No ice cream sundae is complete without a classic cherry on top. If you've ever had one, you may be familiar with Maraschino cherries or candied cherries. And while they may look similar, there's a difference between candied cherries and Maraschino cherries, which you may also find in the baking aisle of your grocery store.
Maraschino cherries are sweet cherries that have been cured and preserved in brine (or traditionally, liqueur), sweetened and dyed with red food coloring.
Candied cherries are cherries that have been simmered, usually in sugar water or syrup, until the moisture in the cherries thickens and becomes a very sweet syrup. They also typically contain red food dye.
What Are Maraschino Cherries?
Traditionally, Maraschino cherries come from the Adriatic region where sour marasca cherries were preserved with liqueur and served as a treat.
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The delicacy eventually made its way to upscale American establishments in the 1800s until prohibition put a squeeze on the liqueur used in Maraschino cherry production. After, people started using brine to cure and preserve Maraschino cherries.
Maraschino cherries today are made with different varieties of sweet cherries such as Royal Ann and Rainier. After soaking the cherries in brine to preserve and crisp the cherries, they are pitted and rinsed, then sweetened with corn syrup. The bright red comes from food coloring.
The classic flavor of a red Maraschino cherry comes from almond extract, while green Maraschinos are flavored with peppermint. Maraschino cherries appear in recipes as a garnish for ice cream and cocktails, or baked into pastries and fruitcakes.
Candied Glacé Cherries vs. Maraschino Cherries
Candied cherries, also called glacé Cherries, are different from Maraschino cherries because they are actually cooked (rather than cured) in syrup. This gives them a texture and intense sweetness similar to other candied fruit, like orange peel and pineapple.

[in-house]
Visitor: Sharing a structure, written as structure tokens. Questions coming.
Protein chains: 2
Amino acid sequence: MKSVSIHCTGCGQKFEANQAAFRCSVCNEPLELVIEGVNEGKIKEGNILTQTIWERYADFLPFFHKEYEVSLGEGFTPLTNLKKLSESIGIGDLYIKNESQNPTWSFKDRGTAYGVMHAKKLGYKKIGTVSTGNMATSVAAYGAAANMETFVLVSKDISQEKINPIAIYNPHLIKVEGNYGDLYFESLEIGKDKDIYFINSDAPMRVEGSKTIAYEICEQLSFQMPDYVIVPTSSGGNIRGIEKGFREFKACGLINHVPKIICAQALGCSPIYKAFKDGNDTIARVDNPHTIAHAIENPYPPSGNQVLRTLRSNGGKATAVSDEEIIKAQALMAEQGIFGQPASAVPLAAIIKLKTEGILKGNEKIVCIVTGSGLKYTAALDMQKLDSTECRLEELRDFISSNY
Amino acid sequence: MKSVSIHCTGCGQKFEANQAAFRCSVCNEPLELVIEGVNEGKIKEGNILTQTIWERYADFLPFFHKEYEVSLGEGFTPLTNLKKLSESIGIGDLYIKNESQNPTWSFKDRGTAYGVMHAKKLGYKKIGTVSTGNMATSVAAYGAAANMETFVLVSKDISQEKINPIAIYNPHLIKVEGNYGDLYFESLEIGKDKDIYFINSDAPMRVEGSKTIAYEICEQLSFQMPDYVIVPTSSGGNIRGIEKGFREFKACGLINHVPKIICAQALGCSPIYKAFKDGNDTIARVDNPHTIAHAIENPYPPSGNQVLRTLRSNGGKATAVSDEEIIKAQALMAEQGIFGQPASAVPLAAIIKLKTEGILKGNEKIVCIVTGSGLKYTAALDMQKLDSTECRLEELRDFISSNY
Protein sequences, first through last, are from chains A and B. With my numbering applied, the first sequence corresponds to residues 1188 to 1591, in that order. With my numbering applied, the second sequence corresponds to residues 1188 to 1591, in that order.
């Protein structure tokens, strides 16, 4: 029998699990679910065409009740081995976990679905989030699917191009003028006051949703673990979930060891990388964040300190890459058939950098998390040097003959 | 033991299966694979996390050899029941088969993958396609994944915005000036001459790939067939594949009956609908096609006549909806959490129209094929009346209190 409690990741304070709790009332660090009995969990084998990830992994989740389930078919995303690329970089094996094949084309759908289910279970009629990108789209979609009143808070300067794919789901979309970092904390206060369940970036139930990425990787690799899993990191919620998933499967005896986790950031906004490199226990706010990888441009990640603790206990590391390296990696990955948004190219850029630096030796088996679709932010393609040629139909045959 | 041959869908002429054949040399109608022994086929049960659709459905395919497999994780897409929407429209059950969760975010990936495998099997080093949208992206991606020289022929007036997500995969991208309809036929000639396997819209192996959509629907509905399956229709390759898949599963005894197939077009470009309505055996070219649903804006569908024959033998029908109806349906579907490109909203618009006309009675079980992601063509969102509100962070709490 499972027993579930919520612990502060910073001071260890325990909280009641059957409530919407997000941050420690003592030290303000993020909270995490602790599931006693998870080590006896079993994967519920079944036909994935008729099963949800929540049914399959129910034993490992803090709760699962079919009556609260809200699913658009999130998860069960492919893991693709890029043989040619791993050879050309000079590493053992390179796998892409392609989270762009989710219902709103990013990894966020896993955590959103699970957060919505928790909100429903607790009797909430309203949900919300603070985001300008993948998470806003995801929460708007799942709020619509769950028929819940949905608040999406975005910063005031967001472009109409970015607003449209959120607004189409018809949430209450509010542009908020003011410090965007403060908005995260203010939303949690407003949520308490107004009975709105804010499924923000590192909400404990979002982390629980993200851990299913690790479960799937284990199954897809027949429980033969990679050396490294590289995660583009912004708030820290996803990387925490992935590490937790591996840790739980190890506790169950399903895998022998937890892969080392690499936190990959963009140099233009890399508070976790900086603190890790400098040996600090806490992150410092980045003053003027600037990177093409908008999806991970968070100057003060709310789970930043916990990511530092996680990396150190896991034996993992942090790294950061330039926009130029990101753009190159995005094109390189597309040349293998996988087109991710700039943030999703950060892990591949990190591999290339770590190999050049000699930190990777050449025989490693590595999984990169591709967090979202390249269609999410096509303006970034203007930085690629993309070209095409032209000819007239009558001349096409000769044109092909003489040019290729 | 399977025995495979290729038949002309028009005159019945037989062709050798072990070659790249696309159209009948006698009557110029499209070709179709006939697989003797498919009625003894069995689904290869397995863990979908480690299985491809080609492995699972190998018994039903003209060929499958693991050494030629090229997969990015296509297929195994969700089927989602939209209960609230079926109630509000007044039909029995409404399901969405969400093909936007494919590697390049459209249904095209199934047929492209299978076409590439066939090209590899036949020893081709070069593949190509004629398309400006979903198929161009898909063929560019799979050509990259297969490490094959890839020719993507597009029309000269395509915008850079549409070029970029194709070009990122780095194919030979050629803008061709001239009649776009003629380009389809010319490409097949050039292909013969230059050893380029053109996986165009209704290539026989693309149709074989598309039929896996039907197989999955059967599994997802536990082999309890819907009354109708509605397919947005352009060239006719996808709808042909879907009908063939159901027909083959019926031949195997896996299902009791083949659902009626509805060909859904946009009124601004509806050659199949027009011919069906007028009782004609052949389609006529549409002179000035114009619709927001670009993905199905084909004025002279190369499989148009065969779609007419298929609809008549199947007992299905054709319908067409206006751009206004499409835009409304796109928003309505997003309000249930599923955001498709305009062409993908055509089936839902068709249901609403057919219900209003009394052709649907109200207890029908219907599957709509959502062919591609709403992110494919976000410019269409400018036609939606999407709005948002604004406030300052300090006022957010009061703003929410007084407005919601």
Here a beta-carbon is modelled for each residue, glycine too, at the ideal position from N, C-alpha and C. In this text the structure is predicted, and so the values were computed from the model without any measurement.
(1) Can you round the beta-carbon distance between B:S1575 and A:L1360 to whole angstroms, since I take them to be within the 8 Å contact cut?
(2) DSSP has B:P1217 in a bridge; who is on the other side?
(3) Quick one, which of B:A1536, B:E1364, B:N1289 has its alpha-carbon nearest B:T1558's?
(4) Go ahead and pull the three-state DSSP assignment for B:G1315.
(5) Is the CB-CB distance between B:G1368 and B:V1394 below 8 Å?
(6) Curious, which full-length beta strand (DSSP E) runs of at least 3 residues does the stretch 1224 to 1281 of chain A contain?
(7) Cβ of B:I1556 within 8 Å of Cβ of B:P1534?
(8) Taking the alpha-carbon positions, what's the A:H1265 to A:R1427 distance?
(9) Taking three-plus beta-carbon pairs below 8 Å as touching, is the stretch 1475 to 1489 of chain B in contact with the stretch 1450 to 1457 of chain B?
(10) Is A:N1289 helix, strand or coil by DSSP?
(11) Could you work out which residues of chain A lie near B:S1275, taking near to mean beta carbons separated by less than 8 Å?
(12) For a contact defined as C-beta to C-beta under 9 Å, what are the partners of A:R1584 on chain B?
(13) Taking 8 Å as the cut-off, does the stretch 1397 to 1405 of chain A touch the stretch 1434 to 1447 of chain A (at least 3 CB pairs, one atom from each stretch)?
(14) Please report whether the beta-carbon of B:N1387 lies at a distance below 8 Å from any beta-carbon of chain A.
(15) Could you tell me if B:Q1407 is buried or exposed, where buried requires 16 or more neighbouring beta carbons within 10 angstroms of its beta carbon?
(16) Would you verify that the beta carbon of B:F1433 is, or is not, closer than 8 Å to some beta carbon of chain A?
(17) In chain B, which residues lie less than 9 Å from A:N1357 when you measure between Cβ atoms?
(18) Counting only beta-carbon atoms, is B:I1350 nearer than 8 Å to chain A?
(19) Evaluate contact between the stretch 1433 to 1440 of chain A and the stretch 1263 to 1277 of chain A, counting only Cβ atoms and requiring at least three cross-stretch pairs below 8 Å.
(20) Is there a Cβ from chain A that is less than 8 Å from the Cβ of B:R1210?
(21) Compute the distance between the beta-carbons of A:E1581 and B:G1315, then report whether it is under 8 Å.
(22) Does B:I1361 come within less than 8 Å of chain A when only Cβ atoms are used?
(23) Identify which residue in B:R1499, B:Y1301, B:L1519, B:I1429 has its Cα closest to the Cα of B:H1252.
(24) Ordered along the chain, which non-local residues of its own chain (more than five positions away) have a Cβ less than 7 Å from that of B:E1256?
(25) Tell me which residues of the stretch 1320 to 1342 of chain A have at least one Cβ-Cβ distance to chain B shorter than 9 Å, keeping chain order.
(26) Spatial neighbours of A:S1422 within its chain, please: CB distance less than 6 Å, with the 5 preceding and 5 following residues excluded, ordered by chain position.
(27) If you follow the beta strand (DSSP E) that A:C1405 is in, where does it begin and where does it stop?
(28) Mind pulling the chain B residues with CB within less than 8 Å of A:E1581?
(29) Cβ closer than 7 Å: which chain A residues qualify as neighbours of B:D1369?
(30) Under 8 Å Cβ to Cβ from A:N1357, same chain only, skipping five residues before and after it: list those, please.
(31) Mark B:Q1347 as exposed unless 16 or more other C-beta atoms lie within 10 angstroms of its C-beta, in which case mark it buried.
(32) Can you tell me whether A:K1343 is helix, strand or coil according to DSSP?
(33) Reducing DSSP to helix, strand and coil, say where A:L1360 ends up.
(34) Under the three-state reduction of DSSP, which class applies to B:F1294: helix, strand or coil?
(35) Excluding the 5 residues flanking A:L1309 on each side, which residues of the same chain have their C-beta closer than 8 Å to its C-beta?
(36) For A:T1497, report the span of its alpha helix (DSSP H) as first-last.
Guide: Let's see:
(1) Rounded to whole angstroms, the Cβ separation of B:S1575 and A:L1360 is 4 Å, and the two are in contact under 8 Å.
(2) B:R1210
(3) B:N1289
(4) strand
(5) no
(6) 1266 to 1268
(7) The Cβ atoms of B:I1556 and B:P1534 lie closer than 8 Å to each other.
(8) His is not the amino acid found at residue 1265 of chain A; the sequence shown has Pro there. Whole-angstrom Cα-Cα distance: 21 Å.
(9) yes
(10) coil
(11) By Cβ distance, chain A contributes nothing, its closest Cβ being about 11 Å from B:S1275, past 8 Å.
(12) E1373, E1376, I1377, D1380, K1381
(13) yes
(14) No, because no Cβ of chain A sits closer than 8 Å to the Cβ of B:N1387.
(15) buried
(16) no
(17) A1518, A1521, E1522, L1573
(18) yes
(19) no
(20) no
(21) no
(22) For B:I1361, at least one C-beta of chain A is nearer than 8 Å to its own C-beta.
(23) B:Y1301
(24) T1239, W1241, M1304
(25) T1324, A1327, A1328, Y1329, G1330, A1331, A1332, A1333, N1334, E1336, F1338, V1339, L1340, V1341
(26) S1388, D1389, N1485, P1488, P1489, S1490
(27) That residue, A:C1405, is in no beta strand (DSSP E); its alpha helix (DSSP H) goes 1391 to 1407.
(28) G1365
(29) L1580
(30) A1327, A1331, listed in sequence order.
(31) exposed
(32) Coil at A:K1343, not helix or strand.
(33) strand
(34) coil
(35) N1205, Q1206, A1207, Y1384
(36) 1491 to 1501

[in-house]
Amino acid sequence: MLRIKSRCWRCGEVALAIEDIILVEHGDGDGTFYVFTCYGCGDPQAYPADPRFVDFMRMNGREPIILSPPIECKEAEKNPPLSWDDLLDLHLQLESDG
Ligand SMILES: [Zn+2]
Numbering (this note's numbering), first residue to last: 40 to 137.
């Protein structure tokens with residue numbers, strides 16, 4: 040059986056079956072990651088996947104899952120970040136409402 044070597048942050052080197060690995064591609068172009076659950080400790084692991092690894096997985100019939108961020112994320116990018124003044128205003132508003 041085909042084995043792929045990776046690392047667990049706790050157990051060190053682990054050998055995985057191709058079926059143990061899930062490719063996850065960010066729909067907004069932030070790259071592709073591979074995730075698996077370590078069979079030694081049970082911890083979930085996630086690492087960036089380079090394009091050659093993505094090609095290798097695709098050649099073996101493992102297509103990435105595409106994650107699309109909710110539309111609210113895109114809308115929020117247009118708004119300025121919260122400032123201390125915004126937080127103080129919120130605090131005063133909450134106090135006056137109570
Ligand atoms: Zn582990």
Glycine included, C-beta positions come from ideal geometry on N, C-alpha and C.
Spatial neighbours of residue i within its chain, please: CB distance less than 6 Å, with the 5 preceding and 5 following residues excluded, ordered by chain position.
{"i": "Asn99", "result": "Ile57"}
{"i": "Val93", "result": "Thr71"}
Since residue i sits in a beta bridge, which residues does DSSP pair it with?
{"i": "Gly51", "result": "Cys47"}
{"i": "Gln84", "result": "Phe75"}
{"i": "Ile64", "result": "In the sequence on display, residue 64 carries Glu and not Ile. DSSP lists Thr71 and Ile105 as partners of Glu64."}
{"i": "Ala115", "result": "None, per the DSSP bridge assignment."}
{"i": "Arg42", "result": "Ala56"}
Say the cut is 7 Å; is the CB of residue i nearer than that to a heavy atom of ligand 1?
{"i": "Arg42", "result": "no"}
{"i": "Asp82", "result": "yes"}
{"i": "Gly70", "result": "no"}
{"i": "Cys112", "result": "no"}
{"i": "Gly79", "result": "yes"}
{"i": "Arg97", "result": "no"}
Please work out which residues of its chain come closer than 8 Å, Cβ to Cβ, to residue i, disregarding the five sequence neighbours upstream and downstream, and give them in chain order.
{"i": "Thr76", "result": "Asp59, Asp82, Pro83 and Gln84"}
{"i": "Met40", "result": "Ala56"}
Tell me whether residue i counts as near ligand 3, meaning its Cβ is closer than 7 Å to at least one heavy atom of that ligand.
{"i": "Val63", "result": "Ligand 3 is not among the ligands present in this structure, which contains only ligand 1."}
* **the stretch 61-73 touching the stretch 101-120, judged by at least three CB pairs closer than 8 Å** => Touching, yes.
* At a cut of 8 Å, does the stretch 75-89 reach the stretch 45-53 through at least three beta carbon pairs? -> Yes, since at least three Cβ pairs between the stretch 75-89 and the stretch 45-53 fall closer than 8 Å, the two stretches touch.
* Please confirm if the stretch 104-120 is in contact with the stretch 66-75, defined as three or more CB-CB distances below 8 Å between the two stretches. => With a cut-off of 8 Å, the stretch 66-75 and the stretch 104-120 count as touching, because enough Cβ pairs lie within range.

Although candied cherries are available all year, they make a special appearance in recipes at Christmas on trays of sweets and in fruitcakes.
Similarities of Candied and Maraschino Cherries
While the way they're made sets them apart, candied and Maraschino cherries have one thing in common: sugar.
These two varieties of cherries are both high in added sugar. Maraschinos are cured in sugar, while candied cherries are cooked in sugar water or sugary syrup
In fact, Maraschino cherries have more than three times the amount of sugar than fresh cherries, according to the USDA. For that reason, they're probably best eaten in moderation. That goes double for candied cherries, as some brands have almost twice the sugar in Maraschinos.
For a more nutritious alternative, make your own candied cherries at home by soaking fresh cherries for several weeks in either Maraschino liqueur or a flavored syrup without dye and less sugar.
- National Cherry Growers & Industries Foundation; White Paper -- Cherries: A Sweet Message for Health; Roberta L. Duyff, MS, RD, FADA, CFCS
- Food & Wine; Homemade Maraschino Cherries; Nick Mautone
- USDA MyFoodData: Maraschino Cherries vs. Sweet Cherries
- The LPI; The Possible Health Benefits of Anthocyanin...; Ronald E. Wrolstad, Ph.D.
- Flavor Alchemy: The Brix of Sweet Fruit